Scribner v. Wineinger, No. 02-19-00208-CV, 2019 Tex. App. LEXIS 9170 (Tex. App.—Fort Worth Oct. 17, 2019, no pet.)
In this leasehold adverse possession case, the Fort Worth Court of Appeals held that an acknowledgement of the record title holder’s title by an adverse possessor will not defeat an adverse possession claim if the limitations clock had already run out before the acknowledgement occurred. The trial court granted summary judgment in favor of the oil and gas company on their affirmative defense of adverse possession and limitations title under the five-year statute.
Scribner’s father owned the leasehold interest under an oil and gas lease in Archer County, Texas. In 1999, Scribner’s father assigned all the working interest to Scribner by virtue of an assignment and bill of sale that was filed of record. When Scribner’s father died, the executor of his estate executed an assignment to an oil and gas company, but did not obtain Scribner’s signature. In fact, Scribner was not even aware of the assignment to him until 2016.
Meanwhile, beginning at least in 2010, Parra and its predecessors (who obtained an assignment from the executor following the death of Scribner’s father) operated the lease, received revenue, and paid all taxes. This competing chain of title was reflected in assignments that were also recorded in Archer County.
In June of 2016, an attorney representing Parra discovered the 2002 Assignment, and asked Scribner to execute an assignment in favor of Parra to cure the cloud on title. One of the owners of Parra worked with Scribner’s wife and also sent her a draft assignment and asked her to have Scribner sign it.
Schribner filed suit asserting claims for trespass to try title, and the appellees responded by asserting the affirmative defense of perfection of title by adverse possession under the five-year statute of limitations (section 16.025 of the Tex. Civ. Prac. & Rem. Code).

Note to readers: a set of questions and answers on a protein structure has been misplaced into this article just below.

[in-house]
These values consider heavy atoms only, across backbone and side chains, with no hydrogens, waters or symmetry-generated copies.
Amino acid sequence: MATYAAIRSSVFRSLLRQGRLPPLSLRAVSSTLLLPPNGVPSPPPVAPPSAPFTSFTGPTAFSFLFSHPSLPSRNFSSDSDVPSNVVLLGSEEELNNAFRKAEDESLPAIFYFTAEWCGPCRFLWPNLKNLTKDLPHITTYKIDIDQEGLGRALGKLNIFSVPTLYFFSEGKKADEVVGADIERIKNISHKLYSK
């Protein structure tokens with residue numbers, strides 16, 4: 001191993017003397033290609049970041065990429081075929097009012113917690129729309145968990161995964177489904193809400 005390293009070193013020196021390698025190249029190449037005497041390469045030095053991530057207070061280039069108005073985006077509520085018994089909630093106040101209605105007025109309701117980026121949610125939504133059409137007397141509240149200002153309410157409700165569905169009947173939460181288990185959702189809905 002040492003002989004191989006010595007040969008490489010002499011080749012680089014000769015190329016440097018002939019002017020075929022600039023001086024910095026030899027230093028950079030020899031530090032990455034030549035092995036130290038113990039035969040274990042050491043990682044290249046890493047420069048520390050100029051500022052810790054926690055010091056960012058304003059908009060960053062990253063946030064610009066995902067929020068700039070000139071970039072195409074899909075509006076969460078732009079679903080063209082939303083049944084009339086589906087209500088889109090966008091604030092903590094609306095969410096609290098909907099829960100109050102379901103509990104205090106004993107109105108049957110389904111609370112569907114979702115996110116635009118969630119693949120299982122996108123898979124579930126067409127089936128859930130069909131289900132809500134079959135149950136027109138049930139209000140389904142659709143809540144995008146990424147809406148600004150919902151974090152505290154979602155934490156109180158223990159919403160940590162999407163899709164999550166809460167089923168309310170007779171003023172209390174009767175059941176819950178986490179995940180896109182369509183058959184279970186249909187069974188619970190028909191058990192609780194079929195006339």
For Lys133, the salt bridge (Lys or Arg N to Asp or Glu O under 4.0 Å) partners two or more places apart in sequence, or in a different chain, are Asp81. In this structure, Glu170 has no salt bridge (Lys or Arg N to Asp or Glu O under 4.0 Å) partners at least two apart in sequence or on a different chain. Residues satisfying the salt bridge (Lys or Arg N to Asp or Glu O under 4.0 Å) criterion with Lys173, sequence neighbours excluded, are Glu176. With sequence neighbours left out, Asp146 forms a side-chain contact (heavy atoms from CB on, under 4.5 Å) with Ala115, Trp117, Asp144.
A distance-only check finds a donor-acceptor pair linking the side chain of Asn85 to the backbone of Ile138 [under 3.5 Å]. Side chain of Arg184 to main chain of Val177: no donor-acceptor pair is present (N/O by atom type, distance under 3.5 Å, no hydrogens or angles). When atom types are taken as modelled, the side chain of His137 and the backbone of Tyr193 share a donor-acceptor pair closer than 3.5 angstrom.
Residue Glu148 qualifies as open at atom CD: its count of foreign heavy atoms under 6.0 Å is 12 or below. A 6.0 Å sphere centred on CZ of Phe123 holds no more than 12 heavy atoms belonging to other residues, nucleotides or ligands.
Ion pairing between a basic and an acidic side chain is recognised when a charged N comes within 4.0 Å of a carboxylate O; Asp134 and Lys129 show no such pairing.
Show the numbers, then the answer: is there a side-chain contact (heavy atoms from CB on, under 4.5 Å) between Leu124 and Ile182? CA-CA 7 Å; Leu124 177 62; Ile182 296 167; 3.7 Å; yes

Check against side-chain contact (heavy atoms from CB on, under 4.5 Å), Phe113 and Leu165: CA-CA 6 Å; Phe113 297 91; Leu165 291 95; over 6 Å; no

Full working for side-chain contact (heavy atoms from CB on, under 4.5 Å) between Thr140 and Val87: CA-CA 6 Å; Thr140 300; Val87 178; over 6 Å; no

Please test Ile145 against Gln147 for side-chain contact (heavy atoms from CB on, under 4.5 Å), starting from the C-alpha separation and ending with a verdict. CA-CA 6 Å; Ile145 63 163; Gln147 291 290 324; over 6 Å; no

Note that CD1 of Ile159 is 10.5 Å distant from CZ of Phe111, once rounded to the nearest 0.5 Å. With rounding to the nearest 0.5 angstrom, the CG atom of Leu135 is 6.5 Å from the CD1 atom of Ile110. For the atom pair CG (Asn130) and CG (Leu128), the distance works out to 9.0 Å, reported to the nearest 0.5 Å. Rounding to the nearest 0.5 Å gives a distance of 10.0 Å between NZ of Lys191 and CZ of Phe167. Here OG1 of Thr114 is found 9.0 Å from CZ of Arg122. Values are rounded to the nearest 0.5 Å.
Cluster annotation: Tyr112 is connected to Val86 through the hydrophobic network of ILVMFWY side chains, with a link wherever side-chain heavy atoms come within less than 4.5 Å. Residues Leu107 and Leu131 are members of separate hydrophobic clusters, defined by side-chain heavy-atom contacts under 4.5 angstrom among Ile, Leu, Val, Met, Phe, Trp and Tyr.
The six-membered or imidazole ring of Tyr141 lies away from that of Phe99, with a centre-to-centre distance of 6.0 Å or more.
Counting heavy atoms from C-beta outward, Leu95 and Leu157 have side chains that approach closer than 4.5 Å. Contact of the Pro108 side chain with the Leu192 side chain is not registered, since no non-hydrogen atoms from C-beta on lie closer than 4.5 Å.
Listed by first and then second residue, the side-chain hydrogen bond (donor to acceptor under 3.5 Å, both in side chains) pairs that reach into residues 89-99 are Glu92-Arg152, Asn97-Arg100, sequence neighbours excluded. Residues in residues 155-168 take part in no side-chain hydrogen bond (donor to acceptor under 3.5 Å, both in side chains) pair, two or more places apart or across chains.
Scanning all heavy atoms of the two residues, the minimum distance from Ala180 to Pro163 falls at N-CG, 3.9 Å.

Schribner argued that, when appellees contacted Scribner regarding execution of the proposed assignment, those contacts constituted an acknowledgment of title that precluded any limitations from running in appellees’ favor as a matter of law, and was evidence showing that any possession by appellees was not adverse.
The appellate court held that any acknowledgement of title in 2016 did not preclude limitations from running in favor of the appellees. The court stated that “an acknowledgment of title precludes limitations from running in favor of an adverse-possession claimant only if it occurs before limitation title is completed.” Here, the five-year limitations period ran from April of 2010 through April of 2015, and all of Scribner’s alleged evidence of an “acknowledgment of title” occurred in the summer of 2016. “Accordingly, assuming without deciding that the three contacts at issue constitute “acknowledgements of title” in Scribner, we conclude as a matter of law that they did not preclude limitations from running in favor of Appellees’ predecessors in title.”
The court also held that any acknowledgement of title in 2016 did not create a genuine issue of material fact on whether the possession by the appellees was adverse to Scribner during the statutory time period. The court acknowledged that, “a possessor’s acknowledgement of title in another after the limitation period may tend to show that the possession was not adverse.” Here, however, there was no evidence that the attorney or the owner that contacted Scribner and Scribner’s wife had any affiliation with the lessees who possessed the leasehold interest between April 2010 and April 2015.
The court also rejected Scribner’s argument that appellees’ claim was defeated because they had knowledge of the break in the chain of title. As the court explained, knowledge of a possible break in the chain of title through Scribner might prompt an investigation into the property’s title, but that knowledge is not evidence that the appellees would disavow the title to the property that was cured by their predecessors. “Scribner is again relying upon events that occurred too late to be of help to him.”
As a result, the appellate court determined that the trial court properly quieted title in Parra, decreed that it was the owner of the property, and ordered that Scribner take nothing on any causes of action that relied on his claim of title.